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Uncovering lung injury mechanisms in COVID-19-induced ARDS using single-cell genomics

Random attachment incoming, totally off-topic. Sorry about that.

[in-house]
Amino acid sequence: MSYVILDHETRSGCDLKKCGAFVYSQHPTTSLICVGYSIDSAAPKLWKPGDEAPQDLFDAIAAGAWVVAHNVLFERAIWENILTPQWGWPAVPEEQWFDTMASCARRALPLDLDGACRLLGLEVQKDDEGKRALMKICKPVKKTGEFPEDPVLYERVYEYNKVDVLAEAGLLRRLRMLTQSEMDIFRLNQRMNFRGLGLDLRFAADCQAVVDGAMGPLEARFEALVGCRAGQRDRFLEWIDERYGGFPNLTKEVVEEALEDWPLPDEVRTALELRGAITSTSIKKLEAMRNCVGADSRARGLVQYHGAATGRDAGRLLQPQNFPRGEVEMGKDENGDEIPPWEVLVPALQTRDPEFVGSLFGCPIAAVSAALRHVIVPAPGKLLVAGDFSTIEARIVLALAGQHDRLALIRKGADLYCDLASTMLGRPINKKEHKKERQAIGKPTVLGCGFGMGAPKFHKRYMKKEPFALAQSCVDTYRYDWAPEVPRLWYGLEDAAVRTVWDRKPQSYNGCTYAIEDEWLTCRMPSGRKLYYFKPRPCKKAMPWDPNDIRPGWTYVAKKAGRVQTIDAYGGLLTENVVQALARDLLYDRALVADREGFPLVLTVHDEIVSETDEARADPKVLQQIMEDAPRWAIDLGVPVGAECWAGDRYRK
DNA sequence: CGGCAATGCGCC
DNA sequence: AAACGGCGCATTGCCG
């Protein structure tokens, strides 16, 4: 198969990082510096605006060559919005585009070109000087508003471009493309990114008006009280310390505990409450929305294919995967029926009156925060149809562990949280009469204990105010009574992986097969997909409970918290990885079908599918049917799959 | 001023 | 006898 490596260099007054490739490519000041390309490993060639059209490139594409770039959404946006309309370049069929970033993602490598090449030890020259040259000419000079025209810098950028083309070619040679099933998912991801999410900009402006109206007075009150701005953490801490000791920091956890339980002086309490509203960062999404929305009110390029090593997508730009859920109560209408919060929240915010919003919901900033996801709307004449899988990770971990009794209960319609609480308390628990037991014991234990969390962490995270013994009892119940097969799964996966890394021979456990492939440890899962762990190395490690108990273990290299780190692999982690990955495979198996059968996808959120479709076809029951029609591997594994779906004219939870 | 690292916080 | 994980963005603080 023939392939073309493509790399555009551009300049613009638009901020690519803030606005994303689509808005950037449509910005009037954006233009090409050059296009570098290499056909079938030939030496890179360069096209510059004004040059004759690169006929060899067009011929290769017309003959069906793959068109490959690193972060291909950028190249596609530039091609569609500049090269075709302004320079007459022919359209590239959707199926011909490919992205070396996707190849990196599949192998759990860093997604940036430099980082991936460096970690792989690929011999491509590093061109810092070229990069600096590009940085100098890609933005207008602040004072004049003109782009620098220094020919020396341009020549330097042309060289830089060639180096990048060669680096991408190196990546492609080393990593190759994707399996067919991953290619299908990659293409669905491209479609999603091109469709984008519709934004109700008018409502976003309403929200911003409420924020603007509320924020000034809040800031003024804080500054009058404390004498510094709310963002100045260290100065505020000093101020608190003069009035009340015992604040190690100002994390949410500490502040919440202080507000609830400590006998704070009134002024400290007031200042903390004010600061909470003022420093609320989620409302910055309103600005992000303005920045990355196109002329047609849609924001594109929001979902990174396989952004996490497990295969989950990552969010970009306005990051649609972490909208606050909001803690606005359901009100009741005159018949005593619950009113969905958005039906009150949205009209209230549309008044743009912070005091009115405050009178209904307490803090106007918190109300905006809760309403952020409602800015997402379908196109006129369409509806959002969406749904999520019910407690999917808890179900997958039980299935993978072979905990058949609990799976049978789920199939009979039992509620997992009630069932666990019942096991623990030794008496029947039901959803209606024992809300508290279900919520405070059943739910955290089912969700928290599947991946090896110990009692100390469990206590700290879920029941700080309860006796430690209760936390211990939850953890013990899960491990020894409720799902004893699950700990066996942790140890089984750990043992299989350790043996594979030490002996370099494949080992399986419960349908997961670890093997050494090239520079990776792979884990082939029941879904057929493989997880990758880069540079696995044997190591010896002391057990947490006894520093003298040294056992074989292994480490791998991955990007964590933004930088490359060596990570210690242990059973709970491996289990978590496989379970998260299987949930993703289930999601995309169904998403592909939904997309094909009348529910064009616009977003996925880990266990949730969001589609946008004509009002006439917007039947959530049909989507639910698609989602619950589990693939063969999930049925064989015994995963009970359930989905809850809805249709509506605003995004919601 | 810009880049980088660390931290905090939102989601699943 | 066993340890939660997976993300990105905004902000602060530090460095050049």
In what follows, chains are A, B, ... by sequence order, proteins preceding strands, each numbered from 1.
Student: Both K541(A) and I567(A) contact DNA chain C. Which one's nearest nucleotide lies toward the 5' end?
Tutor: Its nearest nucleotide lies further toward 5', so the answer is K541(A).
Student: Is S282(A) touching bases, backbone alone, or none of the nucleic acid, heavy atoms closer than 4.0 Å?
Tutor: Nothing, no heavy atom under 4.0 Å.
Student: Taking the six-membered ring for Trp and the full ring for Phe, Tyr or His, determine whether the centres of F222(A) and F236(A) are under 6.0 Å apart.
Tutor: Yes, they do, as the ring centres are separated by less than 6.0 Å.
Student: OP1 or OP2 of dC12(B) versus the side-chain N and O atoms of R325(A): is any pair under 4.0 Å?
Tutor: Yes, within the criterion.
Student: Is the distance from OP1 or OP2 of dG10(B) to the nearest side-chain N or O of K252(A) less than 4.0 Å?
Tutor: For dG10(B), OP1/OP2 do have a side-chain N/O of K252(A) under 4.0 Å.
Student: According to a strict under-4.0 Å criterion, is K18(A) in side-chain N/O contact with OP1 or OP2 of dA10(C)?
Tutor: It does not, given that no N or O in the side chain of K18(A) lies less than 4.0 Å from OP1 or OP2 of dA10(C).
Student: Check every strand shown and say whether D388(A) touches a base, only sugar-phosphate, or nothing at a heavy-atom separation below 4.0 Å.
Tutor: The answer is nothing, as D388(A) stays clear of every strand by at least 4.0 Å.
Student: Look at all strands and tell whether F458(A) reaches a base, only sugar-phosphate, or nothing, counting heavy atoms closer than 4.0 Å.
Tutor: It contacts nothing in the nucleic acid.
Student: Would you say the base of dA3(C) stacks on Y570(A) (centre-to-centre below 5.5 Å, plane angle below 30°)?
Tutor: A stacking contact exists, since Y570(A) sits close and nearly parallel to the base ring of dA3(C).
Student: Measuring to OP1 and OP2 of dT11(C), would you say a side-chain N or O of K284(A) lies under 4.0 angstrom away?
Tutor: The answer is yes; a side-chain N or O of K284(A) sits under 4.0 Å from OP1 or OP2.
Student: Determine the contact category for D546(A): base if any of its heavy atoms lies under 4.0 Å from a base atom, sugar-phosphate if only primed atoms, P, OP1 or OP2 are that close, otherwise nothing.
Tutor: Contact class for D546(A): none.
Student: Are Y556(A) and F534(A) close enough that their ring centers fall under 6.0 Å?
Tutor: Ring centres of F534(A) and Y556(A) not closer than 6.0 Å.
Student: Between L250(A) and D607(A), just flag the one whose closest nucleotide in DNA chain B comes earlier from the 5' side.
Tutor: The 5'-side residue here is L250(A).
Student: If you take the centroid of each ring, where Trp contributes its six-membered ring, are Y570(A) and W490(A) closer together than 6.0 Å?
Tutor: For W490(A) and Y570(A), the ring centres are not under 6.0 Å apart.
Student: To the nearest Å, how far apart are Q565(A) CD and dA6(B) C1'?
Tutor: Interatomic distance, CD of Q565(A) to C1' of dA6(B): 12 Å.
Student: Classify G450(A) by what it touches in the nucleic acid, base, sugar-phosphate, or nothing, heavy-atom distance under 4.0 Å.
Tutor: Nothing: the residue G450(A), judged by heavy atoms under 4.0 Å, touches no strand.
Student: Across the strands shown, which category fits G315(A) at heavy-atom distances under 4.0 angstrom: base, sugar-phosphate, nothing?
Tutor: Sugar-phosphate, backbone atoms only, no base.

The mechanistic basis of lung injury induced by SARS-CoV-2 remains poorly understood. In the most severe COVID-19 cases, patients develop COVID-19-induced Acute Respiratory Distress Syndrome (ARDS), which is associated with prolonged respiratory failure and high mortality. To comprehend the pathomechanisms of lung damage, we analyzed pulmonary immune responses and lung pathology in two cohorts of patients with COVID-19 ARDS using functional single-cell genomics, immunohistology, and electron microscopy. Phenotypically, we observed an accumulation of CD163-expressing monocyte-derived macrophages that acquired a profibrotic transcriptional phenotype during COVID-19 ARDS. COVID-19 ARDS was associated with clinical, radiographic, histopathological, and ultrastructural characteristics of pulmonary fibrosis. Exposure of human monocytes to SARS-CoV-2, but not influenza A virus or viral RNA analogs, was sufficient to induce a similar profibrotic phenotype in vitro. Altogether, the role of macrophages remains intriguing, and we will discuss whether they are friends or foes.